To understand the nature and goals of our project, it is necessary to describe the current clinical issues relating to urinary catheter-care. First, it is a problem of scale: At any one time, an estimated 900 million humans on the planet have a urinary catheter in-situ – it is the most widely used medical appliance on Earth. Second, there are many different catheter-associated problems encountered in clinical practice, and third, they can cause considerable morbidity.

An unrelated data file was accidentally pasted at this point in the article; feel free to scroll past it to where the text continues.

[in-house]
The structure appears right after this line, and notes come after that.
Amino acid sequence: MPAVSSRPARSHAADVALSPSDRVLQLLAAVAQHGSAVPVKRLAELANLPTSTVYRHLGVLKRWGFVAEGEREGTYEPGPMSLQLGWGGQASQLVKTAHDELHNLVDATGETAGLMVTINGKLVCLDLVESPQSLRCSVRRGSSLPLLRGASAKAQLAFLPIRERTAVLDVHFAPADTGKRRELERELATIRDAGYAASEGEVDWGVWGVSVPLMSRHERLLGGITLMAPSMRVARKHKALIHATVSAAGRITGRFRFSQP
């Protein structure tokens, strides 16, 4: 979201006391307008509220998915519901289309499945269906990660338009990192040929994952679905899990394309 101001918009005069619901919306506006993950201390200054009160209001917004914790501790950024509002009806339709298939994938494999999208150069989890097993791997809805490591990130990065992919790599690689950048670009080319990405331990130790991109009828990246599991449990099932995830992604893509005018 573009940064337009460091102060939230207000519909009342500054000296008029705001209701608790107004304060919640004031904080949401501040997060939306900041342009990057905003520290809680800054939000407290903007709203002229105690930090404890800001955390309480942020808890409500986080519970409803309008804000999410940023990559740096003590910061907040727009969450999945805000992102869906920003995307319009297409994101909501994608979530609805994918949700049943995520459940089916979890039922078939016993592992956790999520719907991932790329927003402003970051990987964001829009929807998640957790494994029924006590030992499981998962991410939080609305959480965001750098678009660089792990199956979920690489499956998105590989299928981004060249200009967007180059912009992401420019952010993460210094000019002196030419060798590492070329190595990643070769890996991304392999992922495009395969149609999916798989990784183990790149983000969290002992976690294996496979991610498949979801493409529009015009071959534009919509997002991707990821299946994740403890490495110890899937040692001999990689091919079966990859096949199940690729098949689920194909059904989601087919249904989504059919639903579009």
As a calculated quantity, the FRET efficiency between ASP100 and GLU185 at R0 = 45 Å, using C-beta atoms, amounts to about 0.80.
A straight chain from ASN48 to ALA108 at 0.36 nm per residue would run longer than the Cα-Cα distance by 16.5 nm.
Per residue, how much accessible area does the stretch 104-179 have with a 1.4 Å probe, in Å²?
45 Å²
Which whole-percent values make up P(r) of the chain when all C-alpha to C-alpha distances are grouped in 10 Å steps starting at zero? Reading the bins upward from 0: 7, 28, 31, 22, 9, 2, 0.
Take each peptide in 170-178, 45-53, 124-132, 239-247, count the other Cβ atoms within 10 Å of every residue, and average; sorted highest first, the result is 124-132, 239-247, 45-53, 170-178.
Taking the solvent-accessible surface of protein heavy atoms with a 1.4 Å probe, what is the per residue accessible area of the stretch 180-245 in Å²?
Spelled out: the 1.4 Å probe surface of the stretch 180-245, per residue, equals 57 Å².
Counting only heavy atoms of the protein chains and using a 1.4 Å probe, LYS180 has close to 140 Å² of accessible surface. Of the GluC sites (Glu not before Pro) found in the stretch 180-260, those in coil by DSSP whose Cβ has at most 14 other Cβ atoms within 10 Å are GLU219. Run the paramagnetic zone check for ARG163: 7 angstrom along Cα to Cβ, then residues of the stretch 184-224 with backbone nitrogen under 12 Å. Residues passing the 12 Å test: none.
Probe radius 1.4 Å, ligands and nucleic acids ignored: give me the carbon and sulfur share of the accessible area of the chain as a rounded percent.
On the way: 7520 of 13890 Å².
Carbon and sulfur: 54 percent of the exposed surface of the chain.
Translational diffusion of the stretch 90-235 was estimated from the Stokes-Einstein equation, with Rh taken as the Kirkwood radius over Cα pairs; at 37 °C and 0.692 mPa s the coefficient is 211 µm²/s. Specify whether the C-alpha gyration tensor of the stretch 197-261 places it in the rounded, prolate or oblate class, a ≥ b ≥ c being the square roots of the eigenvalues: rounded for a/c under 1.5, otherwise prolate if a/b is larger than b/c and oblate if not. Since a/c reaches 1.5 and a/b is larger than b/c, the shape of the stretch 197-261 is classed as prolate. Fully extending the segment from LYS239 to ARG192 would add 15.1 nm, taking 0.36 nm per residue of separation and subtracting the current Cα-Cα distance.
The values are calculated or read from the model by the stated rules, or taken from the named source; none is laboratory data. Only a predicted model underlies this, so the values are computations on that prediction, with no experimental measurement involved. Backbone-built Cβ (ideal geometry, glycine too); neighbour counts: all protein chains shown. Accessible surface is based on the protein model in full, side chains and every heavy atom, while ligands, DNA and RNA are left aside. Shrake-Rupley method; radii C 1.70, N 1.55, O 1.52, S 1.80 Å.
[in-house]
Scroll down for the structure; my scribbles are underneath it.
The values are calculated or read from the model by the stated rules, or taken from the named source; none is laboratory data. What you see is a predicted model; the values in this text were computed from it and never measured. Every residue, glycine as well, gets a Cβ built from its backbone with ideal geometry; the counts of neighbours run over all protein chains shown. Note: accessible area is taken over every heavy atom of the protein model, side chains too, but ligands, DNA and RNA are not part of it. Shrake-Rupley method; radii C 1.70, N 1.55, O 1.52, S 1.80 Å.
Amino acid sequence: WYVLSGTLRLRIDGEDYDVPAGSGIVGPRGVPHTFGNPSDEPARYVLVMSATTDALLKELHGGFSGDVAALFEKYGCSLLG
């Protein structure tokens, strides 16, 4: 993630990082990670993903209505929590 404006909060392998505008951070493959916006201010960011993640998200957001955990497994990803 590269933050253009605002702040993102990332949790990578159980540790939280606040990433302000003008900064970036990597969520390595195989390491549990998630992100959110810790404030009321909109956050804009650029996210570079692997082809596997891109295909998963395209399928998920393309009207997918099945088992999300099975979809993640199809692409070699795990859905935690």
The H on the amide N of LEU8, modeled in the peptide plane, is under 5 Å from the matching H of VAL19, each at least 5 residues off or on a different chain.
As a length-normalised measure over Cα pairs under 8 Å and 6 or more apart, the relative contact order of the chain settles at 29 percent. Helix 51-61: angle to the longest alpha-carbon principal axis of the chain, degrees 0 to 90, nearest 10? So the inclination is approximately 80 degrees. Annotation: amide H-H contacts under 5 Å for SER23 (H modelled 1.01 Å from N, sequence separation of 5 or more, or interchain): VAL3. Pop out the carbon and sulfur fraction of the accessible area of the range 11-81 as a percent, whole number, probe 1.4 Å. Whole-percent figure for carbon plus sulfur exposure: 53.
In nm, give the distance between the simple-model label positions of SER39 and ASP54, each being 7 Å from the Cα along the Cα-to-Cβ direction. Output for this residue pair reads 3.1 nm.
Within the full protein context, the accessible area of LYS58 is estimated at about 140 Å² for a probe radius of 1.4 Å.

The longer a catheter is in place, the greater are all problems. For example, one study of patients who had been catheterised for more than two-years, reported that more than three-quarters of those patients required some kind of professional intervention (or help), at-the-very least, at least once, over an eight-month period; for some patients, this amounted to more than ten call-outs in that eight month time-frame. Finally, there are complexities regarding catheter-associated-sepsis and antibiotic resistance. The first three problems will be described in brief, and the latter, will receive further deliberation as a distinct – albeit integrally related, catheter specific issue.